Transformed Tetrahymena cells were cultivated in SPP medium under selection pressure at 30° C. in a shaker at 80 rpm. Target gene expression was induced by heat shock at 41° C. (HSP-P) or by addition of 20 nM Cd2+ (MTT1-P) of logarithmically growing cultures.
Aliquots of transformed cells and of cell free SPP supernatants were harvested 24 h after induction of target gene expression. Collected cells were solubilized in ice cold RIPA-buffer (5000 cells/μl in 150 mM NaCl, 10 mM TrisHCl, 5 mM EDTA, 0.1% SDS, 0.1% DOC, 1% Triton X100, E64 2.5 μg/ml) and disrupted for 15 minutes in a sonicator. SDS-PAGE and Western blot analysis were done according to the art. Briefly, aliquots of either disrupted cells (i.e. 1000 cells) or cell free supernatant were resuspended in Laemmli sample buffer (125 mM Tris HCl pH 6.8, 10% Glycerol, 4% SDS) and separated on 12% SDS-PAGE. The gels were blotted to nitrocellulose membranes and blocked in PBS containing 0.05% Tween 20 and 5% skim milk or 3% bovine serum albumin. The expression of recombinant hemagglutinin in transformed Ciliates was detected using virus strain specific primary antibodies. After washing with PBS/T and applying the secondary HRP-conjugated antibody the blots were developed using Super Signal West Pico Chemoluminescent Substrate (Perbio, Fischer Scientific) in combination with conventional X-ray film development. FIG. 8 and FIGS. 9 A-C show representative Western blots of cell lysates and supernatants of transformed Tetrahymena cells after the induction of target gene expression. The wild type control (FIG. 9B, lane 3 cell pellet and 4 supernatant) is all blank. In FIG. 8 the secretion of an HA antigen into the supernatant during the fermentation process is shown. In FIG. 9 the detection of truncated hemagglutinins (removal of intracellular domain (FIG. 9A, "HA_long"), additional removal of transmembrane region (FIG. 9B, "HA_short") and removal of the whole HA2 subunit (FIG. 9C, "HA--1") in the supernatant of transformed ciliates is shown.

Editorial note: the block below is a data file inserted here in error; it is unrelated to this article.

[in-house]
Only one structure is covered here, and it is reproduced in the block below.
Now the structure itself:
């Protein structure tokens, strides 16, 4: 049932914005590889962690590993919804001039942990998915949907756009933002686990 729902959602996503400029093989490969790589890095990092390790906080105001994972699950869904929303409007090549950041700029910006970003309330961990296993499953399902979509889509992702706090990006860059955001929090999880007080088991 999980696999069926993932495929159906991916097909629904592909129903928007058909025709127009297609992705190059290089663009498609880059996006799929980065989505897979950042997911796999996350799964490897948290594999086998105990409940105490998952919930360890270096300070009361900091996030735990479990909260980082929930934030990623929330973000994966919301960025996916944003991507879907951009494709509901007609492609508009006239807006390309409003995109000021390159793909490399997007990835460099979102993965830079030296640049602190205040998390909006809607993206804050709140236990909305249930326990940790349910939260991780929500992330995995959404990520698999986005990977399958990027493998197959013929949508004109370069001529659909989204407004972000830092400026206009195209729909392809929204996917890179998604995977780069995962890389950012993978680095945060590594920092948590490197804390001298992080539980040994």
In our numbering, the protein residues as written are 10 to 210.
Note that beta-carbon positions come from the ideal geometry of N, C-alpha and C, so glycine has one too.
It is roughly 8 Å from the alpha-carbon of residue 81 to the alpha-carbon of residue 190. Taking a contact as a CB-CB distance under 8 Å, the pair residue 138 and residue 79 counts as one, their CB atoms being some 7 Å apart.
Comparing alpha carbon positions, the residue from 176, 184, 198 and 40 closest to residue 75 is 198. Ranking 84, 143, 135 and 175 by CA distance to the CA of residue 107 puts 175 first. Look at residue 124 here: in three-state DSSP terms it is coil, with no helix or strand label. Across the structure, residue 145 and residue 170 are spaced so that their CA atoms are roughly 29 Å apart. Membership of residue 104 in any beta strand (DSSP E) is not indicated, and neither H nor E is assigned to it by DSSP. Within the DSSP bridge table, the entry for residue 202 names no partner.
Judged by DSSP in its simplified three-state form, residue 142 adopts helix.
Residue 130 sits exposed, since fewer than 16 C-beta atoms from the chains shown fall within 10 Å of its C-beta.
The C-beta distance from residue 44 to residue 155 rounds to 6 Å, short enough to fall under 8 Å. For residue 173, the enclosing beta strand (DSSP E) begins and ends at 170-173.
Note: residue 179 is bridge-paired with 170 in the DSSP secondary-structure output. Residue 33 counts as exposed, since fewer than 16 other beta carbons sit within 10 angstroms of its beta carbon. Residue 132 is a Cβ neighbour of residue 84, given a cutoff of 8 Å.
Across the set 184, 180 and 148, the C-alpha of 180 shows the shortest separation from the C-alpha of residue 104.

4. Production of Hemagglutinin
For fermentations a Braun UD50 (50 Litre) and a Infors Sixfors (0.5 Litre) equipped with standard Rushton impellers were used. Stirrer speed was limited to 300 and 400 rpm; pO2 was set to 20% and pH was set to 7.0 respectively. Fermentations were carried out in standard medium.